Bibliothèque de l’Antiquité Tardive 21
par Manuela STUDER-KARLEN
22x28, 264 p., 174 ill.
The present study analyzes not only the images of the deceased on the Christian sarcophagi, but also highlights the fact that these representations of the deceased must be regarded as a characteristic of these sarcophagi.
These representations of the deceased on the Christian sarcophagi can be divided into two groups : the first imported from pagan tradition and partly reinterpreted ; the second group is made up of new images create by an innovative higher class. Like the majority of researchers, I believe that the majority of sarcophagi, apart for the more simple ones or of less quality, were carried out on order.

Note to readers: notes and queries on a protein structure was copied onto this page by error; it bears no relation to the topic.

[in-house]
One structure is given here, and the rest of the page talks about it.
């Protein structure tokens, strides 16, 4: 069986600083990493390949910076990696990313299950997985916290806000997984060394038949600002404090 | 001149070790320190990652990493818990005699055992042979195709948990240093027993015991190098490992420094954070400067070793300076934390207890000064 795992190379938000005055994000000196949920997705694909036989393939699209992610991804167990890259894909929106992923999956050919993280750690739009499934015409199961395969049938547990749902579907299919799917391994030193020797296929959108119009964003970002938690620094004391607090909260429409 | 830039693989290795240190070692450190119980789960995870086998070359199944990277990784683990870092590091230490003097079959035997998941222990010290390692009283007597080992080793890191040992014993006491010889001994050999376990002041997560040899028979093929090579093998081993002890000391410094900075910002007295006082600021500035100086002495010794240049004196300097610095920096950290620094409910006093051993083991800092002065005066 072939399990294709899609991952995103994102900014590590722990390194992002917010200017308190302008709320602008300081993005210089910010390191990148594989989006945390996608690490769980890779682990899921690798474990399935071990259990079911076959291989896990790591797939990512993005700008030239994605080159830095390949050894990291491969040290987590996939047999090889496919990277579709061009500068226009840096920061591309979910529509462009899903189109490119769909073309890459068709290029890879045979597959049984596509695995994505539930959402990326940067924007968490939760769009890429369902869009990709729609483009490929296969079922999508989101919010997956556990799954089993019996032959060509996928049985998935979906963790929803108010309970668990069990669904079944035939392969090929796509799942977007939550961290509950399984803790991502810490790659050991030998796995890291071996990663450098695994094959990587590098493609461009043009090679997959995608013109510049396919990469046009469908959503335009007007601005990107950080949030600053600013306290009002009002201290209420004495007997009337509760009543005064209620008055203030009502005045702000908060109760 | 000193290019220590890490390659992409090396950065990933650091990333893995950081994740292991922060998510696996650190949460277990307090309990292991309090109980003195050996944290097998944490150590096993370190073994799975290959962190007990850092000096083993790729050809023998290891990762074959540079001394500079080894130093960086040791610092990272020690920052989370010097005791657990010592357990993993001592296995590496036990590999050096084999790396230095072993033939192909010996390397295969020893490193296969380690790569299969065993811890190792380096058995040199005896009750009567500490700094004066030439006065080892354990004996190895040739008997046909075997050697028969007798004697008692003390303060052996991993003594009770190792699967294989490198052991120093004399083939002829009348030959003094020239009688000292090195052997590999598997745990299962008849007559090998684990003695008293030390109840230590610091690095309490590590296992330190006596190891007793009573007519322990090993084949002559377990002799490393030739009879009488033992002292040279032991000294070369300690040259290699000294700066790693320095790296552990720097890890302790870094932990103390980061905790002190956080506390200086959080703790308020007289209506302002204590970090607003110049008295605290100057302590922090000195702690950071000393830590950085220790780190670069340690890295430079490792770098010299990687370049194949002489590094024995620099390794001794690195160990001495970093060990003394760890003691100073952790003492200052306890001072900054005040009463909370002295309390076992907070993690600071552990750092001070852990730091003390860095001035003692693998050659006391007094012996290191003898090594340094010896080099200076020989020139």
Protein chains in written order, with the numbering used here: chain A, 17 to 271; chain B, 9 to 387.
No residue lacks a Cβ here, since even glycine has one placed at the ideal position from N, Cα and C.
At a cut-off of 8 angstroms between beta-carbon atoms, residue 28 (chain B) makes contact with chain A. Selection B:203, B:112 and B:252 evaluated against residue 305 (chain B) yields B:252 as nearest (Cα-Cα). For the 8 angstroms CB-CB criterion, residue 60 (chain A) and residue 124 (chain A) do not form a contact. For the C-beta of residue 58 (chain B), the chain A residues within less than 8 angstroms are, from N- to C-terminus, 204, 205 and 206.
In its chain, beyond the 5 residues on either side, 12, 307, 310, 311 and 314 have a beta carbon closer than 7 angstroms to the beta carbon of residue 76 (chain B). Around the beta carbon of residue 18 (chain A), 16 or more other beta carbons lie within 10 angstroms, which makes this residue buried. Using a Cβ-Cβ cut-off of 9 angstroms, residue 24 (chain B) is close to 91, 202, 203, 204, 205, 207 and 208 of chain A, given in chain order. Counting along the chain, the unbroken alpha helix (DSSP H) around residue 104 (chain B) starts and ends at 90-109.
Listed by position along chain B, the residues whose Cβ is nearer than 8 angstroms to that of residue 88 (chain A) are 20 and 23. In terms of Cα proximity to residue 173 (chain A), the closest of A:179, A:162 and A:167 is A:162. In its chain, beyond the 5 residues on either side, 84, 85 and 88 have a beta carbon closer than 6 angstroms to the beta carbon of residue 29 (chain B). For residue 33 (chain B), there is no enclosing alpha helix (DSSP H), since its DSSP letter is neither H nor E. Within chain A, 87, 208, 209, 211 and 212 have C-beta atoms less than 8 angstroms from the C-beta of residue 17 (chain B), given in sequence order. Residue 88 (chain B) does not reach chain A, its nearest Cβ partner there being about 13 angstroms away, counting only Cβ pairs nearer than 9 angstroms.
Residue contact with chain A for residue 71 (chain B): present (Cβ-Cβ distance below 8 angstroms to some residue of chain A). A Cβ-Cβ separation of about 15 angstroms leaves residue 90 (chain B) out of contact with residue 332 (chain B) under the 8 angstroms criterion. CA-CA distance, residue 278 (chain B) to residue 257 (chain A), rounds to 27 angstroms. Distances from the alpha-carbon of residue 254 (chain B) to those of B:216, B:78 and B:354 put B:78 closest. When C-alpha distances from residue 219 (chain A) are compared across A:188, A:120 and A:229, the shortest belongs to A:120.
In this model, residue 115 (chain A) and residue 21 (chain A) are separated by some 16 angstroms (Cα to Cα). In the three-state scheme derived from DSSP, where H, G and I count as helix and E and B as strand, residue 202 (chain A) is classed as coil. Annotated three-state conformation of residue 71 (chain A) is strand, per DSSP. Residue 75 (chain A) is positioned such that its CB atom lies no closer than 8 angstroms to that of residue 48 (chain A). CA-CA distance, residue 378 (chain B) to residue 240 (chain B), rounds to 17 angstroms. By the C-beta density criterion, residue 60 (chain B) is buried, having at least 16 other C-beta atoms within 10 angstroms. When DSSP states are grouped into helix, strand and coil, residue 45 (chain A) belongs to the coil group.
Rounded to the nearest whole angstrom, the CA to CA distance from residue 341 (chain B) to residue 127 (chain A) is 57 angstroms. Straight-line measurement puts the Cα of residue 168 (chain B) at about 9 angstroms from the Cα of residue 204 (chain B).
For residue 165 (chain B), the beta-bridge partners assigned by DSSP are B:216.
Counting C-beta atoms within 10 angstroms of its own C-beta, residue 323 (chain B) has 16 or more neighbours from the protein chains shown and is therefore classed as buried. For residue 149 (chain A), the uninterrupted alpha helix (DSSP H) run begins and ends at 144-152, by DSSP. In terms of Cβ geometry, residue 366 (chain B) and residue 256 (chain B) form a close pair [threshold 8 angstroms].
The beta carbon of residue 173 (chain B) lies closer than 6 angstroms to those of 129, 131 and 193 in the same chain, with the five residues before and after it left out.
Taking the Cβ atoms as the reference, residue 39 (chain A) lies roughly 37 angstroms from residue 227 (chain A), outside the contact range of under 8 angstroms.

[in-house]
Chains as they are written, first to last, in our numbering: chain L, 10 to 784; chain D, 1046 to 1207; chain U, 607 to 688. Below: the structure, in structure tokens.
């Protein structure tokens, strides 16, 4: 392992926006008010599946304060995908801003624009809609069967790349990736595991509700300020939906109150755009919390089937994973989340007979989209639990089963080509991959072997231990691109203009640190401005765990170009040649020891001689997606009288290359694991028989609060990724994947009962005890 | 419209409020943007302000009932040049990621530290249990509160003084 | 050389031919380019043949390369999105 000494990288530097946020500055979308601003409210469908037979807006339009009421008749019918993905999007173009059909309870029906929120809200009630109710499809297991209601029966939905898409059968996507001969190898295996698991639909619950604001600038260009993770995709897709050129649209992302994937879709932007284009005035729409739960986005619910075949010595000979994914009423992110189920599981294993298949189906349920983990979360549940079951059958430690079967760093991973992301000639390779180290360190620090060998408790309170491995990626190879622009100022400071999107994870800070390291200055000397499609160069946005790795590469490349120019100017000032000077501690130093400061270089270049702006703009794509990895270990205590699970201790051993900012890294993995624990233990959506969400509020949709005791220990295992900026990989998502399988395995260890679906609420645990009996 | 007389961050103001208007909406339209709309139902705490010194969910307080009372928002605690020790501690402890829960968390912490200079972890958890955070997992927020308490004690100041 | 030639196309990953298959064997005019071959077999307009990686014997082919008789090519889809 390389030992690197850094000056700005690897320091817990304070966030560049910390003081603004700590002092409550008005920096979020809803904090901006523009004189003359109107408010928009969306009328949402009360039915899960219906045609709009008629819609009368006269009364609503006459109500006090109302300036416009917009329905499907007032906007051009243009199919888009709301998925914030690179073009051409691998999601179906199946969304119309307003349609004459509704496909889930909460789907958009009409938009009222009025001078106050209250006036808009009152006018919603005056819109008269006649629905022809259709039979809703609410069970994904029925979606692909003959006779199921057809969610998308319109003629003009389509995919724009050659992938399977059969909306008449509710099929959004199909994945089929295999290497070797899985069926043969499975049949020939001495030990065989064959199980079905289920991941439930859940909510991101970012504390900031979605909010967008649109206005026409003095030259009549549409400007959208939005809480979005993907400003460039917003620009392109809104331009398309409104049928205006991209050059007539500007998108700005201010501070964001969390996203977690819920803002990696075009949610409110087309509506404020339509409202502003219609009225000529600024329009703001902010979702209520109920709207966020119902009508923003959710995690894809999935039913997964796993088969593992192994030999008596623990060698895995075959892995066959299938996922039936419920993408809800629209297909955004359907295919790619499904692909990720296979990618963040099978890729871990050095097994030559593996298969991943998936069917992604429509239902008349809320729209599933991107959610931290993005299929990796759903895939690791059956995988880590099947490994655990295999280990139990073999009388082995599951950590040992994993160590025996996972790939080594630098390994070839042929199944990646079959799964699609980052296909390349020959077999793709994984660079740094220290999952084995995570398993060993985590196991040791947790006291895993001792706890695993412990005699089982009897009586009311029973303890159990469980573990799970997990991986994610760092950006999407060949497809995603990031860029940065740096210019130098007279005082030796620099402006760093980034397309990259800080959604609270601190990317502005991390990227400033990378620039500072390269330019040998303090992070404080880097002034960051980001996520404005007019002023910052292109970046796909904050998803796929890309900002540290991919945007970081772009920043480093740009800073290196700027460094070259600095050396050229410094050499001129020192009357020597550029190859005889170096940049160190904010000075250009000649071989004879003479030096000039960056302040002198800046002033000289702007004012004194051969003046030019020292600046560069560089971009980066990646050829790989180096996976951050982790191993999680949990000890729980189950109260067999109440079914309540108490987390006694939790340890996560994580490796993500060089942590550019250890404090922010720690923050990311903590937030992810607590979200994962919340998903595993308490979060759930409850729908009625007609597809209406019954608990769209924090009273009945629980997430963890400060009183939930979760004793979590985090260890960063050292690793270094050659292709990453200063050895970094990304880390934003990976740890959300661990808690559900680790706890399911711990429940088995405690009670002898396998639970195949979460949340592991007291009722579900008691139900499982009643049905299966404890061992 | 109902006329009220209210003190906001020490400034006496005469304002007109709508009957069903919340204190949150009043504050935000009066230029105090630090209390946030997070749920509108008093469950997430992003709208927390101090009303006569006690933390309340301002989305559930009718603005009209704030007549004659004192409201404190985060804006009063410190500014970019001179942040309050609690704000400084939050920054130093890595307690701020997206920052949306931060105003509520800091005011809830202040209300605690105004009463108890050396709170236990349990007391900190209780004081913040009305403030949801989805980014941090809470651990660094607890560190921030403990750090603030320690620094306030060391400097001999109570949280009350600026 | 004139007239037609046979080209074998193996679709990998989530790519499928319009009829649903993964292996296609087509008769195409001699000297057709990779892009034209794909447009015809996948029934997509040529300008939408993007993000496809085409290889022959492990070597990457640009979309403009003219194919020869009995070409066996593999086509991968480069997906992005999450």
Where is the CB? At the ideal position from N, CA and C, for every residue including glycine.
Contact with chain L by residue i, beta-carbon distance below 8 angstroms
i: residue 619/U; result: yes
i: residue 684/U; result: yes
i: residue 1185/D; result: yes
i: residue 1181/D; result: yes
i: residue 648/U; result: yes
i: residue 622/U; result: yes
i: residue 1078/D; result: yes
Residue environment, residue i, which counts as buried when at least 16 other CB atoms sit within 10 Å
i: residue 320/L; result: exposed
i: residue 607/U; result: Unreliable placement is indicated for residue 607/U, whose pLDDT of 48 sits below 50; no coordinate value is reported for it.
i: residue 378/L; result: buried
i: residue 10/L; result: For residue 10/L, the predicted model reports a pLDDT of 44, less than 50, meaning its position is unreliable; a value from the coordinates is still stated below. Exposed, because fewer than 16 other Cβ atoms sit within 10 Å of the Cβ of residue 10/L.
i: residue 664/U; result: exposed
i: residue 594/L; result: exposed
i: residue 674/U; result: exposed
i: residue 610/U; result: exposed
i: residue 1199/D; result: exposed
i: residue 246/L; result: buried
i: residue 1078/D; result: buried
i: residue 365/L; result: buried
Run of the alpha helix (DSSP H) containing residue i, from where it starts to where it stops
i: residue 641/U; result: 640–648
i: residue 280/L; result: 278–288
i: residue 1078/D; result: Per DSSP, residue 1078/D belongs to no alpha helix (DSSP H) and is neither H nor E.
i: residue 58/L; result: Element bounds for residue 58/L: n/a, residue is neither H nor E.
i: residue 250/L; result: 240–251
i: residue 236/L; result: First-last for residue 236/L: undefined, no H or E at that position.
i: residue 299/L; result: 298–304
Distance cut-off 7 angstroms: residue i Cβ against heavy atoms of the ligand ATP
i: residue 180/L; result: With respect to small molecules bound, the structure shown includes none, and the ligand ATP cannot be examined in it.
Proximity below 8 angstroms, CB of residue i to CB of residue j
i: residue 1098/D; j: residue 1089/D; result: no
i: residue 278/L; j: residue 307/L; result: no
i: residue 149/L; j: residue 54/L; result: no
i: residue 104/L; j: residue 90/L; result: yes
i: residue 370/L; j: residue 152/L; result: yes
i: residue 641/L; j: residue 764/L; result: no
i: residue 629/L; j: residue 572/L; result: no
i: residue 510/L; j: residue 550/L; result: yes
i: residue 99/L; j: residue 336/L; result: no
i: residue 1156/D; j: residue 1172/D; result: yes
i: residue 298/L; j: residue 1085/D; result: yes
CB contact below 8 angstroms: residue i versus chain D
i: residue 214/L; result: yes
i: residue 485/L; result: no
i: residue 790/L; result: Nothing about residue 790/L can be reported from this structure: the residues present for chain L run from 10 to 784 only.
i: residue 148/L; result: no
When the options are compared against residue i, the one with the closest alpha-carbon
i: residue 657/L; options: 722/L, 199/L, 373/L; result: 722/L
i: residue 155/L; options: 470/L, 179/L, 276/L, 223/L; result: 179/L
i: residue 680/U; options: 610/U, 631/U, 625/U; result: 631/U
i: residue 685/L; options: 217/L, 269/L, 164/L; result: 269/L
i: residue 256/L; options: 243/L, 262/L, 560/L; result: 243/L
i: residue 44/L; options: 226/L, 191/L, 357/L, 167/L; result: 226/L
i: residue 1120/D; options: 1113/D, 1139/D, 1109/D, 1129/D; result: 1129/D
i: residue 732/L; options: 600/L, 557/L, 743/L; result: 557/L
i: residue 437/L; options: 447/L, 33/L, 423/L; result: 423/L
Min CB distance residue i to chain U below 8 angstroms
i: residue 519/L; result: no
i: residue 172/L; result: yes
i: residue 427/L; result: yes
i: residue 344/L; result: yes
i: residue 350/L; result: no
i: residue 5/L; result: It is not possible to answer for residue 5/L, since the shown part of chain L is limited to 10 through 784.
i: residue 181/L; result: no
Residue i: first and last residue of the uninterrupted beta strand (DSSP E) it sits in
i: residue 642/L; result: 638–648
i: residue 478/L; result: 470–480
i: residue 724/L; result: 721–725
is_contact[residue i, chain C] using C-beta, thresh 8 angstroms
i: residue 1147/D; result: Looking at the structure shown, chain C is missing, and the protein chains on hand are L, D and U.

An important result of this study is the following observation : the images of the deceased are more often reproduced on the Christian sarcophagi than on the pagan ones. The first cause of this phenomenon was the dissatisfaction relative to the resulting biblical topic images illustrated on the sarcophagi and the will to establish a closer link with this set of themes. The proximity of the deceased with the protagonists of a scene, and by this skew the coherence of the contents, is an essential concern in these representations. The influence of this concern on the iconographic choice made by the client is more perceptible on Christian tombs than on pagan ones. This phenomenon is expressed through the creation of a new iconography, which is explained by the desire of the close relations of the deceased or the client placing the order to represent the deceased in a context expressing the firm belief in a life after death. Accordingly, the visibility or the invisibility of these images is not important. If the representations were visible, they were used to give comfort. If not, we know that they were at least visible at the time of the funeral.